24-hour public transport strike in Umbria

Italy’s central Umbria region could see some disruption to public transport as staff at Umbria TPL e Mobilità, the main local public transport operator, will take part in a 24-hour strike on Monday, March 13th. 

The level of disruption caused by the demonstration will vary from place to place as will minimum services and their times. 

READ ALSO: Calendar: The transport strikes to expect in Italy this spring

The Perugia Airlink, which connects Perugia and Assisi to the San Francesco D’Assisi airport, may also be affected by the strike.

The demonstration was called by unions Filt Cgil and Faisa Cisal in protest against the upcoming privatisation of Umbria TPL.


Milan-Turin bike race

The 104th edition of the Milano-Torino (Milan-Turin), the oldest bicycle race in the world, will take place on Wednesday, March 15th. 

The 192-kilometre race starts in Rho, north-west of Milan, and ends in Orbossone, south of Turin. 

The Milano-Torino was first held in May 1876, when eight riders departed from Milan’s Porta Magenta area but only four made it all the way to Turin.

The 2023 edition of the race will be shown live on Rai Sport (channel 57 on Italian TV) and on the RaiPlay streaming platform.

Britain's Mark Cavendish celebrates as he crosses the finish line on March 16, 2022 to win the Milan-Turin semi classic single day cycling race.

Britain’s Mark Cavendish celebrates as he crosses the finish line on March 16, 2022 to win the Milan-Turin semi classic single day cycling race. Photo by Marco BERTORELLO / AFP.


National Unity Day

Though it isn’t an official holiday, which means that you won’t get time off work, March 17th is one of the most patriotic days of the year as Italy celebrates the Day of National Unity (or Giornata dell’Unità Nazionale).

March 17th is in many respects the country’s birthday as the Kingdom of Italy was officially founded on March 17th, 1861. Before then, the peninsula was split into rival states and regions which had regularly changed hands, allegiances and boundaries over the centuries.

Official ceremonies are held every year to mark the occasion, including the laying of a laurel wreath before the Altare della Patria monument in Rome and various commemorations held by the graves of some of the most important figures in recent Italian history.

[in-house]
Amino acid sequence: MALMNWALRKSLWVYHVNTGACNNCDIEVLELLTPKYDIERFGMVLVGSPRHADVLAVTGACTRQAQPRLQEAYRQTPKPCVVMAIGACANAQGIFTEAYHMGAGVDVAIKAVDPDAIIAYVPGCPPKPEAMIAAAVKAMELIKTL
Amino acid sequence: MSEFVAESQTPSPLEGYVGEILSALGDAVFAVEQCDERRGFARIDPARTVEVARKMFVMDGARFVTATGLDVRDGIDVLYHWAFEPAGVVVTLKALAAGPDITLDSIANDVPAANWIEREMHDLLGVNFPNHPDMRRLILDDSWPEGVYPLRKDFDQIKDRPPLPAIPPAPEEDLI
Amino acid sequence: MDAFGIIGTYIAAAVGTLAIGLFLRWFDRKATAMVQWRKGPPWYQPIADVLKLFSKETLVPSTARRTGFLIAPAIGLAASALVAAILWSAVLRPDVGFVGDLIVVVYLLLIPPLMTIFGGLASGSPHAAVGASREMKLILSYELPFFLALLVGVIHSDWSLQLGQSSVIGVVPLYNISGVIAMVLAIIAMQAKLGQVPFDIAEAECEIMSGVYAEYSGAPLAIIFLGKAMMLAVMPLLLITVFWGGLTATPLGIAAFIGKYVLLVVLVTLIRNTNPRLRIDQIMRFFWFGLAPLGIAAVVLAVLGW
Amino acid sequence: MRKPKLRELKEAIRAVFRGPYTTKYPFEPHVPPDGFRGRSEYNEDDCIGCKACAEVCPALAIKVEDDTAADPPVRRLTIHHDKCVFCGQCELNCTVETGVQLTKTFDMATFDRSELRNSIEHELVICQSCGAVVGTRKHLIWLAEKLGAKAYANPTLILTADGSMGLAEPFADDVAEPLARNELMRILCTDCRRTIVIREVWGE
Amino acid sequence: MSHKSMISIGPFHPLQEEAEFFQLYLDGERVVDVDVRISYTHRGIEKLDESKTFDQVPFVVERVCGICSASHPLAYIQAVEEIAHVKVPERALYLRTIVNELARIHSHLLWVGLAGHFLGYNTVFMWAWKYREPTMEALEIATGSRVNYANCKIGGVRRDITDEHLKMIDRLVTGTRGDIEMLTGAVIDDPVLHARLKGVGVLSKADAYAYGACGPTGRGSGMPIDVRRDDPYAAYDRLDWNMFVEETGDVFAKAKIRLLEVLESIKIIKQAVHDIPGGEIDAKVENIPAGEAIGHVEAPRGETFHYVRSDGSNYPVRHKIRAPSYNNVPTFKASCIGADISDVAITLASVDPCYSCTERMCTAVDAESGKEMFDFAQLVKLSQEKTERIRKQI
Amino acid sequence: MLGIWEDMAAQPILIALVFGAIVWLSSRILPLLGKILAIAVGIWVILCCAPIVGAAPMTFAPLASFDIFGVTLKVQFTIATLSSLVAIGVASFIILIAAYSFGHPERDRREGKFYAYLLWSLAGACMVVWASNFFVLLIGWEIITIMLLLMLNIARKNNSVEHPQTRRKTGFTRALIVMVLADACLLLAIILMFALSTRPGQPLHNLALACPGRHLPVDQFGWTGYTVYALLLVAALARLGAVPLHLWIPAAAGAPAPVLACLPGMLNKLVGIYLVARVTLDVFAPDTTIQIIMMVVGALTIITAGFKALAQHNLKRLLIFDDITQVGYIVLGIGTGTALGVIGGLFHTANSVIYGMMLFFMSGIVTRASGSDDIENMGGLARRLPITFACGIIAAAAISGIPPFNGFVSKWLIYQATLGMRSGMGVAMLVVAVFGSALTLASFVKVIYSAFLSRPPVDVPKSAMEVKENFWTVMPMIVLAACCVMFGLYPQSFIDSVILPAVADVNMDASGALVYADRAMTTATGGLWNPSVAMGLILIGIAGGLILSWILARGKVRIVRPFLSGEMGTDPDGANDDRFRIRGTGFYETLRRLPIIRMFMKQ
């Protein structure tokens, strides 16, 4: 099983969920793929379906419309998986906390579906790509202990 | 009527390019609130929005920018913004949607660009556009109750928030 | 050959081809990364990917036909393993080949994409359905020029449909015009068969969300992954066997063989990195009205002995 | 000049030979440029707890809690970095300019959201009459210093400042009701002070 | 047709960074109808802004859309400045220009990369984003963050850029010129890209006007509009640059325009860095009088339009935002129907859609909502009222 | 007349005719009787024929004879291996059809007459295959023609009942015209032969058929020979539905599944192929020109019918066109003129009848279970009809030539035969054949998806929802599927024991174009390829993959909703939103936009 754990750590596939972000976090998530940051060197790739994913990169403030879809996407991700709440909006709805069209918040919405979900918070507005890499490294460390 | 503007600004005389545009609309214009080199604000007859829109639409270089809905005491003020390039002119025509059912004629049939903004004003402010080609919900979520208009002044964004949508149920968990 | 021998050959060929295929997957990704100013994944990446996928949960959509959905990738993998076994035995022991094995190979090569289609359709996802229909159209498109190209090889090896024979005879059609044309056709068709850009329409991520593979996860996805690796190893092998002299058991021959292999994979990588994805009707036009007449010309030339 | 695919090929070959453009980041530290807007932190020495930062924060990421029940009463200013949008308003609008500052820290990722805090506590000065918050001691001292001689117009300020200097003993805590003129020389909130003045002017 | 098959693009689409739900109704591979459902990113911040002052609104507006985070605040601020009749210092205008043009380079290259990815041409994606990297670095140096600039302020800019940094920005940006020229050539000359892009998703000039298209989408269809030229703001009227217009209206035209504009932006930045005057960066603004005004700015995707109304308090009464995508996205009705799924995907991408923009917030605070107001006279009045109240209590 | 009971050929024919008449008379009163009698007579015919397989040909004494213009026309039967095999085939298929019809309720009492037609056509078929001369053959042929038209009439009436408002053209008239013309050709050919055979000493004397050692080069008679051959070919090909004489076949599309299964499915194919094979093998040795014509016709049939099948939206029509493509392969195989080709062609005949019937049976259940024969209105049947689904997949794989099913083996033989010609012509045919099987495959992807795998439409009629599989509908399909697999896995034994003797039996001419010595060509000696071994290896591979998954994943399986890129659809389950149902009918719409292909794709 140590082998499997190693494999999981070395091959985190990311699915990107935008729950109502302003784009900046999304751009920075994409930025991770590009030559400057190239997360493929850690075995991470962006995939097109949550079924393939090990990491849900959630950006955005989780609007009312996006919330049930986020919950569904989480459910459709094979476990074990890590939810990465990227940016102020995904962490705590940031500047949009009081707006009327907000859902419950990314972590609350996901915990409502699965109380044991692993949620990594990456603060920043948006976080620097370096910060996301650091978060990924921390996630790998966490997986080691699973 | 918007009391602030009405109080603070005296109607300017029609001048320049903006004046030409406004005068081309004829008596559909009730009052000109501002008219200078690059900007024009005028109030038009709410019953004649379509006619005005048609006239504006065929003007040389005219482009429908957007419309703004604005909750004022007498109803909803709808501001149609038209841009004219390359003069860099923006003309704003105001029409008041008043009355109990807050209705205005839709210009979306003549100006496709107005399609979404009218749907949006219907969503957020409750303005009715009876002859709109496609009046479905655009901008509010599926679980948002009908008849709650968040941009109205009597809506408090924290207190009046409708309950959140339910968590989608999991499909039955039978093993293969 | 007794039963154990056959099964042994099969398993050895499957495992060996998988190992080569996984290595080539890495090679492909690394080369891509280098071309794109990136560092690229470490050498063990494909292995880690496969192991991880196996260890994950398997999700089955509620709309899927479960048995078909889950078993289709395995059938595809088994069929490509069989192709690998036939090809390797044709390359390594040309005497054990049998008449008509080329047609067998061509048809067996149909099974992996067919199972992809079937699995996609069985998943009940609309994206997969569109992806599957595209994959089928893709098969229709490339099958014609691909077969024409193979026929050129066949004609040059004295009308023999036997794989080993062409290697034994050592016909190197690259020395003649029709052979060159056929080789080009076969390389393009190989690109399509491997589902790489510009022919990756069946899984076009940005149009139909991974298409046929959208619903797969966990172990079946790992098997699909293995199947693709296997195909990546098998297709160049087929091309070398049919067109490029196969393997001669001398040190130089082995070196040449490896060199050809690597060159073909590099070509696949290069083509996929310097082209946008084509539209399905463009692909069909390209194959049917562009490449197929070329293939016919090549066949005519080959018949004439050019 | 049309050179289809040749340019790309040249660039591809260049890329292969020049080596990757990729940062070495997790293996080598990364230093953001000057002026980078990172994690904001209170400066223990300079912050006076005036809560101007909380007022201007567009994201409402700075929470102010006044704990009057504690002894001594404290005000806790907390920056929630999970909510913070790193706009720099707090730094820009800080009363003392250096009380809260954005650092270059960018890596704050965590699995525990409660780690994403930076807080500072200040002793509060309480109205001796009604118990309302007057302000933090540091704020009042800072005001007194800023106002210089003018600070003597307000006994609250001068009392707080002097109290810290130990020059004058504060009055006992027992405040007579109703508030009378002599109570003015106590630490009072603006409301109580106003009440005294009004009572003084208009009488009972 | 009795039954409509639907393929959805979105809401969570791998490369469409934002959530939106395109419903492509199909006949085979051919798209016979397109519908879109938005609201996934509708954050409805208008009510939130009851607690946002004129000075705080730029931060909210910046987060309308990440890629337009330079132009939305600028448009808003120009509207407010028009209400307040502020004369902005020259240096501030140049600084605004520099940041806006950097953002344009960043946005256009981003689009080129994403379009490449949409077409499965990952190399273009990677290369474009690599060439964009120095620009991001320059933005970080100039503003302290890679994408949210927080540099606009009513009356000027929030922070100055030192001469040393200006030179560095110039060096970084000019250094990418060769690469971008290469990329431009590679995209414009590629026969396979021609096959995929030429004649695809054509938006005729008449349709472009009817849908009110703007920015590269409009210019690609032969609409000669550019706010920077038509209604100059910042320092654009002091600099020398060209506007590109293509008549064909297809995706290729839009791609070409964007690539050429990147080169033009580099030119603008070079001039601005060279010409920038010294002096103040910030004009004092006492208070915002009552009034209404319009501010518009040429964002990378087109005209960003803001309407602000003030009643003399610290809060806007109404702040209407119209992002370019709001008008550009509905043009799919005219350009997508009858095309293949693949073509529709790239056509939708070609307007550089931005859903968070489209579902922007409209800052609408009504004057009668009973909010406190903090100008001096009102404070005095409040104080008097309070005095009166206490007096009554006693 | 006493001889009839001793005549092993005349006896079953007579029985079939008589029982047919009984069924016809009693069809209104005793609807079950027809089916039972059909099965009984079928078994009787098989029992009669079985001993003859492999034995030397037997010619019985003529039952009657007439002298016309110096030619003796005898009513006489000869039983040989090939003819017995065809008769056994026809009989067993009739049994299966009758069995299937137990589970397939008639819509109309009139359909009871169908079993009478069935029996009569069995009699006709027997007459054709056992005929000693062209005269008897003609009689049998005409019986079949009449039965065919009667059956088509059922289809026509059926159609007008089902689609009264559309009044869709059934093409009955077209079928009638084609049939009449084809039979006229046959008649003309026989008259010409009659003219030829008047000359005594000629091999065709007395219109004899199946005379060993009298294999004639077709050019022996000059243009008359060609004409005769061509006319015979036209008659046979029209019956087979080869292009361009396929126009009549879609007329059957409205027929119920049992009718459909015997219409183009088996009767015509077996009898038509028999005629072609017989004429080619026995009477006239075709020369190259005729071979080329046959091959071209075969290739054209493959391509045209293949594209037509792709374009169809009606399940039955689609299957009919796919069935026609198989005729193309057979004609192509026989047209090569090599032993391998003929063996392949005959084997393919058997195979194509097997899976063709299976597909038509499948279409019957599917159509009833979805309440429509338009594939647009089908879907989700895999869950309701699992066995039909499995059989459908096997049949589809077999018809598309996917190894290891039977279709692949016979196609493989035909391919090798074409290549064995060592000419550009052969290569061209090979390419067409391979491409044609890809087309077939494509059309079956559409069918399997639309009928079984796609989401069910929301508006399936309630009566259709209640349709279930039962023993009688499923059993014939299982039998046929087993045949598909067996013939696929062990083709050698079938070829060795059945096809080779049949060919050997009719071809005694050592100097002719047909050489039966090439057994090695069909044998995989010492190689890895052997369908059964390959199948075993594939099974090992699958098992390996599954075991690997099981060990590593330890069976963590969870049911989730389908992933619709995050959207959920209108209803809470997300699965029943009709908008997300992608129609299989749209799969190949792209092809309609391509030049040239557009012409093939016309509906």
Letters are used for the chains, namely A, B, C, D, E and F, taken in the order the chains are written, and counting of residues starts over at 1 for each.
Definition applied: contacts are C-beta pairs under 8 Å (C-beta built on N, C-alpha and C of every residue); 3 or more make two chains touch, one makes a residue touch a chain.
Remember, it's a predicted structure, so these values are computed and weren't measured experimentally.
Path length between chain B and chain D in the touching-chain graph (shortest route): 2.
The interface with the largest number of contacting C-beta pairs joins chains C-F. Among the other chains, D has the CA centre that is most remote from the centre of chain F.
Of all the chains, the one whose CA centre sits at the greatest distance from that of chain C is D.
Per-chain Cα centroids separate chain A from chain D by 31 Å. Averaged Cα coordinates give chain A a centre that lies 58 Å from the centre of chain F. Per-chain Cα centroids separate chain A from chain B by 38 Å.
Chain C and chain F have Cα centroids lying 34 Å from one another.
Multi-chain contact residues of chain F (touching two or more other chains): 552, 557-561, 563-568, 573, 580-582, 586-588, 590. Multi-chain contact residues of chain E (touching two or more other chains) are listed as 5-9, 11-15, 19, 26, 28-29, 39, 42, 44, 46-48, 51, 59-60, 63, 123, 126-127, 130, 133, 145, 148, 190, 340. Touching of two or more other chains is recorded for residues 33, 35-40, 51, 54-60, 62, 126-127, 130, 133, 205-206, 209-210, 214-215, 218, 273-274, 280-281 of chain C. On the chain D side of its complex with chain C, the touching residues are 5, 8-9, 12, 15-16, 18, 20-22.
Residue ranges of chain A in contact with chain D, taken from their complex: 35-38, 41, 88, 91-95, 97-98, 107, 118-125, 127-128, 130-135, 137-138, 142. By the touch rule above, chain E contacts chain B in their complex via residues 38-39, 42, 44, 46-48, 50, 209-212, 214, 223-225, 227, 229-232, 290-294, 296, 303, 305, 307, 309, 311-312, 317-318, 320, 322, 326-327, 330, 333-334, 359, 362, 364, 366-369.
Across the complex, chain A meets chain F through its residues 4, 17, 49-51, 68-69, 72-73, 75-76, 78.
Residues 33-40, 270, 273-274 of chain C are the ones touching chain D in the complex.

St Patrick’s Day

March 17th is also St Patrick’s Day, which commemorates Ireland’s patron saint and, more broadly, Irish culture and heritage.

Celebrations aren’t as widespread in Italy as in some other countries but most major cities will still offer a number of Paddy’s Day-themed events over the weekend.

READ ALSO: Where to celebrate St Patrick’s Day 2023 in Italy

In Rome, the Scholars Lounge will put on 18 hours of “great Irish craic”, with five live music gigs followed by two DJ sets and free giveaways.

In Milan, the Spirit de Milan venue will host Spirit of Ireland, a three-day festival offering a combination of traditional Irish dance classes, live music concerts and Irish food experiences.

The Colosseum illuminated in green for St. Patrick's Day 2017.

The Colosseum is illuminated in green for St. Patrick’s Day 2017. Photo by FILIPPO MONTEFORTE / AFP.


Father’s Day

While most countries in the world, including English-speaking ones, celebrate Father’s Day on the third Sunday of June, Italy marks it on March 19th. 

That’s because March 19th corresponds to the Feast of Saint Joseph – the patron saint of family men according to Catholic tradition. 

Father’s Day stopped being a public holiday in Italy in 1977 but it’s still widely celebrated today as Italian children give their fathers small gifts and families eat homemade sweets known as dolci di San Giuseppe.

Rome marathon

The 28th edition of the Rome marathon will take place on Sunday, March 19th. 

The 42-kilometre race will start and finish at the Colosseum, with the start time set for 8am.

Two parallel events will also take place on the day: a five-kilometre fun run in the Circo Massimo area and the Run4Rome relay race.

Runners have until Thursday, March 16th to sign up for these events. Further details can be found on the marathon’s official website.

Participants run across Piazza Venezia by the Vittorio Emanuele II monument at the start of the Rome Marathon on September 19, 2021 in Rome. (Photo by Filippo MONTEFORTE / AFP)